Two Working Moms

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What is 42

My birthday is coming up and I am turning 42. In some books and in code this might be the answer to the universe but what is 42 to me? What does a 42-year-old working mom look like?

Sometimes I forget how old I am and since moving up to Seattle and having kids, a lot of my new friends are also moms. Since our commonality isn’t high school, these new friends have a wide variety of ages and I am no longer surrounded by people who are born in the late ’70s, except for my hubby who is only 6 months older.

So when I look around what does 42 look like. It’s an interesting decade for a woman who is either starting to have kids since it is now or never, or wrapping up her family with what she has. She grew up in the last wave of analog as a child who transitioned to a digital world as it grew with her. For me this transition happened so slowly, so naturally, and I was so focused on my own golden egg that I didn’t stop to look around and see what I was doing, what course I was on, what train I had jumped on without even asking if I was onboard. I was doing stuff that I just did, since that is what everyone did, and never stopped to ask myself why. One of these whys was my hair.

My Mom owned her own hair salon in the San Francisco Bay Area and sometimes after school, I would be there waiting for her to finish, so why not get my hair done. I think I started coloring my hair around 10 with highlights and fun colors and just never stopped. Many years later as an adult, I noticed some gray hairs in my natural dark brown. Without thinking I just kept coloring.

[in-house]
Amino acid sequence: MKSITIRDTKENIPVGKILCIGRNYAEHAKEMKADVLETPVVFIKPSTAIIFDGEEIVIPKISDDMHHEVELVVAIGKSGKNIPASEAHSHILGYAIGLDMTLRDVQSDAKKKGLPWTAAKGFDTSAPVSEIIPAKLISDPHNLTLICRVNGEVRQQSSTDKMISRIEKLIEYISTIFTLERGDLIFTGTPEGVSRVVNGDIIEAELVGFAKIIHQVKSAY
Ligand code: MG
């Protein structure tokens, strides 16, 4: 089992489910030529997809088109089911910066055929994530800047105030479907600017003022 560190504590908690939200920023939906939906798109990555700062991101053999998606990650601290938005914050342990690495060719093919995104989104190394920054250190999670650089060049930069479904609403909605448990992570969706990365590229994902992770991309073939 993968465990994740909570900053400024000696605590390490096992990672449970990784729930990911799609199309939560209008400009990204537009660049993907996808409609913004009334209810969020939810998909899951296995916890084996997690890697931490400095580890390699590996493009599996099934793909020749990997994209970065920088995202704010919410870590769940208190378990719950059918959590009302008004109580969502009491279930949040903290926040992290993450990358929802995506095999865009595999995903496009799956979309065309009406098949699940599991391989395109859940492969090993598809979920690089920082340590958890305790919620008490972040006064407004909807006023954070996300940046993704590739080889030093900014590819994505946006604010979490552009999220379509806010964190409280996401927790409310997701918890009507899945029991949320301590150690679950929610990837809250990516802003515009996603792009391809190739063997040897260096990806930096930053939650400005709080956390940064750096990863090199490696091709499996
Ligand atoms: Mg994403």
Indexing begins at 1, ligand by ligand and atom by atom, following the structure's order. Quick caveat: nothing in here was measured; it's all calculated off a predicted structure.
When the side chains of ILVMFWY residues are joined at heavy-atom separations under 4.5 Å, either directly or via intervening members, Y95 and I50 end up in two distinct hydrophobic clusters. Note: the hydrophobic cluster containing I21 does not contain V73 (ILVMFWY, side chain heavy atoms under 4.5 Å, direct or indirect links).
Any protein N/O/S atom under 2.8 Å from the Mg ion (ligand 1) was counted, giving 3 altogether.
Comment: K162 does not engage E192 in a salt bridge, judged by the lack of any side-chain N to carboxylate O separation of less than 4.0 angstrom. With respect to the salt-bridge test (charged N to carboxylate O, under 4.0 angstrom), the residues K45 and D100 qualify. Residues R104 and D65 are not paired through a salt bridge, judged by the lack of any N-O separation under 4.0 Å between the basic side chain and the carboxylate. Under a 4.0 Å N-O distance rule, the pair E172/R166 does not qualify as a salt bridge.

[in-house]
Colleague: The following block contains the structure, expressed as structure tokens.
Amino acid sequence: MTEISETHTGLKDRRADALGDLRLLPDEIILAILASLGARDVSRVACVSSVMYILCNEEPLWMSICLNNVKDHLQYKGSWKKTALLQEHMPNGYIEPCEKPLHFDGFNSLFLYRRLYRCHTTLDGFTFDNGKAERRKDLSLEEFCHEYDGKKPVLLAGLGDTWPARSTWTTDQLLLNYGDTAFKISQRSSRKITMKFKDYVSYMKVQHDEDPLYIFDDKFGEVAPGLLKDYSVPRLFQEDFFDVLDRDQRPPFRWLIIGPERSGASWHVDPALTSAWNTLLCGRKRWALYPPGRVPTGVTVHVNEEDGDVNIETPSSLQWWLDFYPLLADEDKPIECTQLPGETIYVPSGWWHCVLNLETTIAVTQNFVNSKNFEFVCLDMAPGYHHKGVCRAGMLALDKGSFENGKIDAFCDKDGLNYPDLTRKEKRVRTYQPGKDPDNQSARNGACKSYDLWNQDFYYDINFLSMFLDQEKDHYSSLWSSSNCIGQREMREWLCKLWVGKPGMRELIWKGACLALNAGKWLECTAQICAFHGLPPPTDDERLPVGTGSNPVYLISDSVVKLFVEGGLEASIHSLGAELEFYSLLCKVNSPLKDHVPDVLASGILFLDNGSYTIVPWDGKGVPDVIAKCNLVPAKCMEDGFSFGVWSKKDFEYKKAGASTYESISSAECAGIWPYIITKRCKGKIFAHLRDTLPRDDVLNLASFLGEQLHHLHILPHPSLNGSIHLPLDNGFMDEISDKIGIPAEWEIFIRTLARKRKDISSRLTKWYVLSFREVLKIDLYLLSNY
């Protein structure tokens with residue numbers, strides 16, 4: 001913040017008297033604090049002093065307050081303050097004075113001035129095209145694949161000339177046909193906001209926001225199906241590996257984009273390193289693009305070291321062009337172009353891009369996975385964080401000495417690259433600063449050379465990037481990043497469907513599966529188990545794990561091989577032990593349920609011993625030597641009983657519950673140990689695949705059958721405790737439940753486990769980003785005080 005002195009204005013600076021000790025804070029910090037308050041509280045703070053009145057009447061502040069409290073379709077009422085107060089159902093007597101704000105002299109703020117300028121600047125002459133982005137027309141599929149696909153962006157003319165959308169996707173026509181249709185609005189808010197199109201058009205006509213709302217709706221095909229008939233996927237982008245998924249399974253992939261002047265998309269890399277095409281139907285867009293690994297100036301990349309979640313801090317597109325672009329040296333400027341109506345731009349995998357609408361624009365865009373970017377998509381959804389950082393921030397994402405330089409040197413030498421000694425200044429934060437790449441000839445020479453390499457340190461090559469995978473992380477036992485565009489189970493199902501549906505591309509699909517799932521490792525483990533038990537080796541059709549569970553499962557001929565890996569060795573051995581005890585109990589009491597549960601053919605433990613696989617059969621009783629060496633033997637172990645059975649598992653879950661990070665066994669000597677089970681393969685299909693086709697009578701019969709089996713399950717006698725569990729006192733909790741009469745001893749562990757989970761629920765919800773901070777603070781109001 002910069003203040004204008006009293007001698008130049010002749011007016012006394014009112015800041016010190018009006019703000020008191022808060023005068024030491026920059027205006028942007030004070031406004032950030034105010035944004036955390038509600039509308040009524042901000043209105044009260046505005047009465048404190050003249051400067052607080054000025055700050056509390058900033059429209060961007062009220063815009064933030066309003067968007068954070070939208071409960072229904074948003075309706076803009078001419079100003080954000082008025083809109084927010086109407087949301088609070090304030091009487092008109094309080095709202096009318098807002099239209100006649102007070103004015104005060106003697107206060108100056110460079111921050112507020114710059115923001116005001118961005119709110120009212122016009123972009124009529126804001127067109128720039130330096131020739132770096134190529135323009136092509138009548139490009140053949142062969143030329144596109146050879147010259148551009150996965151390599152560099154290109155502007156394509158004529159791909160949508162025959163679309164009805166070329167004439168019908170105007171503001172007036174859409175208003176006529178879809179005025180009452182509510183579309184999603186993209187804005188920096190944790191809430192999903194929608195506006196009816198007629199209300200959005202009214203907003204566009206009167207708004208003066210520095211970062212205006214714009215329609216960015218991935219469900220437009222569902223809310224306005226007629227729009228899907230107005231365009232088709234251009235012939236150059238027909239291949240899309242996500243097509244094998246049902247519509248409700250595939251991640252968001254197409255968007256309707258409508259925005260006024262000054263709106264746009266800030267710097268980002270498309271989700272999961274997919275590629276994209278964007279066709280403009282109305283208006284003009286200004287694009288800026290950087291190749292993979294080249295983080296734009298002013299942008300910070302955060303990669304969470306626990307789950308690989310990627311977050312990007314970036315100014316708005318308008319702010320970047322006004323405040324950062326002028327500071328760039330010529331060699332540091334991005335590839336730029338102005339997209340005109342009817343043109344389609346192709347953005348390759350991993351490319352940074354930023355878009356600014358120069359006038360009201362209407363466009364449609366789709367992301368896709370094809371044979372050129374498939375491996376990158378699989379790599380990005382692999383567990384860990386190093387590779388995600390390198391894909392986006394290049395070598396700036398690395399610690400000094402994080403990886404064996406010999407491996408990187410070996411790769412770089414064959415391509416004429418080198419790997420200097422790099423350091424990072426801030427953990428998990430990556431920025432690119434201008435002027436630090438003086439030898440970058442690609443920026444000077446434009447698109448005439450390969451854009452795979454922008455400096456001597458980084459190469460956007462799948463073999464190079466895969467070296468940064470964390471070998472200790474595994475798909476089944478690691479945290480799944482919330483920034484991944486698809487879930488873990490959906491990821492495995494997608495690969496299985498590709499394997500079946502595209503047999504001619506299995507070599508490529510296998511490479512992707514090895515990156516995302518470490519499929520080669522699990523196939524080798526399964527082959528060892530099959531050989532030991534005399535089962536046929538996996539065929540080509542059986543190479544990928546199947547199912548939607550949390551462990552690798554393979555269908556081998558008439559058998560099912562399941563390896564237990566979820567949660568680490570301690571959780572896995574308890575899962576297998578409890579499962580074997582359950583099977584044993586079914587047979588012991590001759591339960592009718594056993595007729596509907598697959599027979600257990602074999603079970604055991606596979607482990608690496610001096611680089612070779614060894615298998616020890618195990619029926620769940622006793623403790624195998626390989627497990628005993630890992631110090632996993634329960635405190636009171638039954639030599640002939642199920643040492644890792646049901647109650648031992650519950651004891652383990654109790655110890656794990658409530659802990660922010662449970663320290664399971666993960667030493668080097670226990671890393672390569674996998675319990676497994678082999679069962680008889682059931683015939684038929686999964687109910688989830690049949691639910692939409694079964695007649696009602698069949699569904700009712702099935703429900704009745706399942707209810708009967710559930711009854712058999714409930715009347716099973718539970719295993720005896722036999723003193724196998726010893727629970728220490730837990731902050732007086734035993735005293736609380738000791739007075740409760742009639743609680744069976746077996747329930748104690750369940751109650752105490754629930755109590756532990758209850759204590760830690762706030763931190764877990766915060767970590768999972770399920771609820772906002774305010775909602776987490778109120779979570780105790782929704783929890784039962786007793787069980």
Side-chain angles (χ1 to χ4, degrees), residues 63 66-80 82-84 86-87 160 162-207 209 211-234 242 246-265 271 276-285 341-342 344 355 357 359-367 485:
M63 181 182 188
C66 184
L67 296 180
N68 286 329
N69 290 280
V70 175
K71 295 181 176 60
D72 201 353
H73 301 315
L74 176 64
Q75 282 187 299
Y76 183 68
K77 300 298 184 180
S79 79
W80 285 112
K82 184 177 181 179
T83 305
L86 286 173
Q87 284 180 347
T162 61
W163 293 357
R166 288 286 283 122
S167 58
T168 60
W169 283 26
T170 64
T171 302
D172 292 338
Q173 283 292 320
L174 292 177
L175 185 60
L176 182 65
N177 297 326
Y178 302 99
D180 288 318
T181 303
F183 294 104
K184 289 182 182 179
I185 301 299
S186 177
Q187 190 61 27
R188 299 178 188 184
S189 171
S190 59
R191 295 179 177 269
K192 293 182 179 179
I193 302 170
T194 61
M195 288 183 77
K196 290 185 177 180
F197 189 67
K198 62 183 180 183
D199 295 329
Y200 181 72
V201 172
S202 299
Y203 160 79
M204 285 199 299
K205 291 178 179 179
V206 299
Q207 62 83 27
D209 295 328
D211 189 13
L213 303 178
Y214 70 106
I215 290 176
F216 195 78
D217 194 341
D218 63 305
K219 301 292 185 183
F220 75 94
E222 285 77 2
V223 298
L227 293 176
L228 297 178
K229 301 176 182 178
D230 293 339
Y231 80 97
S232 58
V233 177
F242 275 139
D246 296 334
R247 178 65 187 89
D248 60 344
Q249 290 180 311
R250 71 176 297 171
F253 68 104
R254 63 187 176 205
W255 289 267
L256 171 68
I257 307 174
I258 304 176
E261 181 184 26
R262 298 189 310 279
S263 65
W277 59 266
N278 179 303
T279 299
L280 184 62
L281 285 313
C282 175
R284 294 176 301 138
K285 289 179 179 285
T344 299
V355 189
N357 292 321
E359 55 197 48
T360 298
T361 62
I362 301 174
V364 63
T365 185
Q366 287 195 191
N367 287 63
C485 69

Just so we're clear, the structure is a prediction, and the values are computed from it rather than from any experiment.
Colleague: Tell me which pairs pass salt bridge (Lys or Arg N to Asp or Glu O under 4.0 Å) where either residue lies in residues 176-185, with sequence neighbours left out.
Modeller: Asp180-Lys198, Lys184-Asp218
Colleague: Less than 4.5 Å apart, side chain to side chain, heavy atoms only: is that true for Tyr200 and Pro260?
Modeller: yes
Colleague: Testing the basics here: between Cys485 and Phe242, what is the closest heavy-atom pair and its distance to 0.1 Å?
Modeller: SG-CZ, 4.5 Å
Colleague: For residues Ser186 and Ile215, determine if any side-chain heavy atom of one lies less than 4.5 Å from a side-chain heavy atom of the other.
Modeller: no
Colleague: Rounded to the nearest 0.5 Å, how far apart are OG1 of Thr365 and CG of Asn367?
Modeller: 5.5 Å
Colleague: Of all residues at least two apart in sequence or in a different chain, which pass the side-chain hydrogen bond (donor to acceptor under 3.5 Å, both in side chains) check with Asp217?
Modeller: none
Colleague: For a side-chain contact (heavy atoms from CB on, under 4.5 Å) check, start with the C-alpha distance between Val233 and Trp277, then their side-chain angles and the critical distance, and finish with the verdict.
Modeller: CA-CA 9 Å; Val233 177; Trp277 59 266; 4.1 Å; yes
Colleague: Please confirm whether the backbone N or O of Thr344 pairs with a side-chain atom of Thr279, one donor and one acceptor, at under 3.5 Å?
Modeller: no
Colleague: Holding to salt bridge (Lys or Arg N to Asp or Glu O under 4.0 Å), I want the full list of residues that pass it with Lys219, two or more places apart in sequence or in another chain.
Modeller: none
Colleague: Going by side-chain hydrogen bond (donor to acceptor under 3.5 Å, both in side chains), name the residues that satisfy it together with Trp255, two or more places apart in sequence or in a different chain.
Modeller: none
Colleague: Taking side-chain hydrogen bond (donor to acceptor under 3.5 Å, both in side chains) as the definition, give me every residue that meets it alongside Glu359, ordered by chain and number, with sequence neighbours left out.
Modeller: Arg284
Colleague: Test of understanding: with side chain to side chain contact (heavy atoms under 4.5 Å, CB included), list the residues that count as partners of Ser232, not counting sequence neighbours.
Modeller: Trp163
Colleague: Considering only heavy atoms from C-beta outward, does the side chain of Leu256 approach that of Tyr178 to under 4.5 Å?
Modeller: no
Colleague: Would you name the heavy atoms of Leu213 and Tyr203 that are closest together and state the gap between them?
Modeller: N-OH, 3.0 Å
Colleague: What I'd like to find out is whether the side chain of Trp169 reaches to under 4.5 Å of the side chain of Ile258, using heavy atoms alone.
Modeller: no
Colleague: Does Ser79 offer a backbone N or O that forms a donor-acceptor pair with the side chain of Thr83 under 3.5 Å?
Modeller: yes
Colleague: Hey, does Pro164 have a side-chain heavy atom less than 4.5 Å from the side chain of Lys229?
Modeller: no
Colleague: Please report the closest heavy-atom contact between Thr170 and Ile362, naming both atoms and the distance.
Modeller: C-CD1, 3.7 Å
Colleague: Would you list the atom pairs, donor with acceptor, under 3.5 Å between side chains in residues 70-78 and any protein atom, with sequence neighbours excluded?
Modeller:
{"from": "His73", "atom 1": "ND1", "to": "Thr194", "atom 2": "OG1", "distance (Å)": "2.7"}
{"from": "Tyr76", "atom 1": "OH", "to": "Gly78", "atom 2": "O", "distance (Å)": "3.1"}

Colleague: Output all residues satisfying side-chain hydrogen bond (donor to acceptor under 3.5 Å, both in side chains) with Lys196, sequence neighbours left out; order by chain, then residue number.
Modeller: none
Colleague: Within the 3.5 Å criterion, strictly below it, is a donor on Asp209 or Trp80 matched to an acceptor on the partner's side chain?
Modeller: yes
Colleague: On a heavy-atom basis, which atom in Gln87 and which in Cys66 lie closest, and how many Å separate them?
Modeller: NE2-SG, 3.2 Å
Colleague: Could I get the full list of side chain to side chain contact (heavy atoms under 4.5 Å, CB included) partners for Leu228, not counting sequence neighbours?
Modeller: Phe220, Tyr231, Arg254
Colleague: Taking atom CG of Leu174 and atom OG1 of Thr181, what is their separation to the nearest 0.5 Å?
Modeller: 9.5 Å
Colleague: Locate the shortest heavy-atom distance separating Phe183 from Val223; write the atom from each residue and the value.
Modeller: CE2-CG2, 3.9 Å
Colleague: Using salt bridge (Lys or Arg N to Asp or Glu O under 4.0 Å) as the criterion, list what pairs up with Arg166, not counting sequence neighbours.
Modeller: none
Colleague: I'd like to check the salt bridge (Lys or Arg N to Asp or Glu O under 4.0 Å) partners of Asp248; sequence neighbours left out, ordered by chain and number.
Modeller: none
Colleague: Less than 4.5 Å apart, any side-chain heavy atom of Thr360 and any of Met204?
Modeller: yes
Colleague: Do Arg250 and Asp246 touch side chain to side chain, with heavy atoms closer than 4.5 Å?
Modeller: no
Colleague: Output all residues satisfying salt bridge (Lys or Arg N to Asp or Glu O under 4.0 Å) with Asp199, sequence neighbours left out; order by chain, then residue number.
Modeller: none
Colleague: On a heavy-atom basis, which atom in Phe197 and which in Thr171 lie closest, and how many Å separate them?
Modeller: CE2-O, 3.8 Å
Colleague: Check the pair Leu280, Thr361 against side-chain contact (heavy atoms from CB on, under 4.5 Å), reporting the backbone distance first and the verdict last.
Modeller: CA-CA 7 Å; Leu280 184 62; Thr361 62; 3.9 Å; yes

My Mom no longer works and spends a lot of time out of the country. I work fulltime and have two little kids. I have very few hours to myself and coloring my hair became a chore. An expensive one! So I really thought about it. Why am I doing this? Because 42-year-olds don’t have gray hair? I won’t look attractive? I’ll look old? People will treat me differently? What will others think?

Well, you know what … I am doing it!

It’s only been 2 months of growth but I am excited to see what my natural hair looks like. I’m excited to embrace it and really own my gray hair. Own my age, own the fact woman don’t need to hang on to youth like it holds value when in reality, each of these gray hairs tells a story of life and the years of experience this body holds. Each sparkle of gray is an exhibit of my wisdom and strength.

In a way, it feels rebellious going gray.

So hello 42 and finally being old enough, to be strong enough, to be me. * L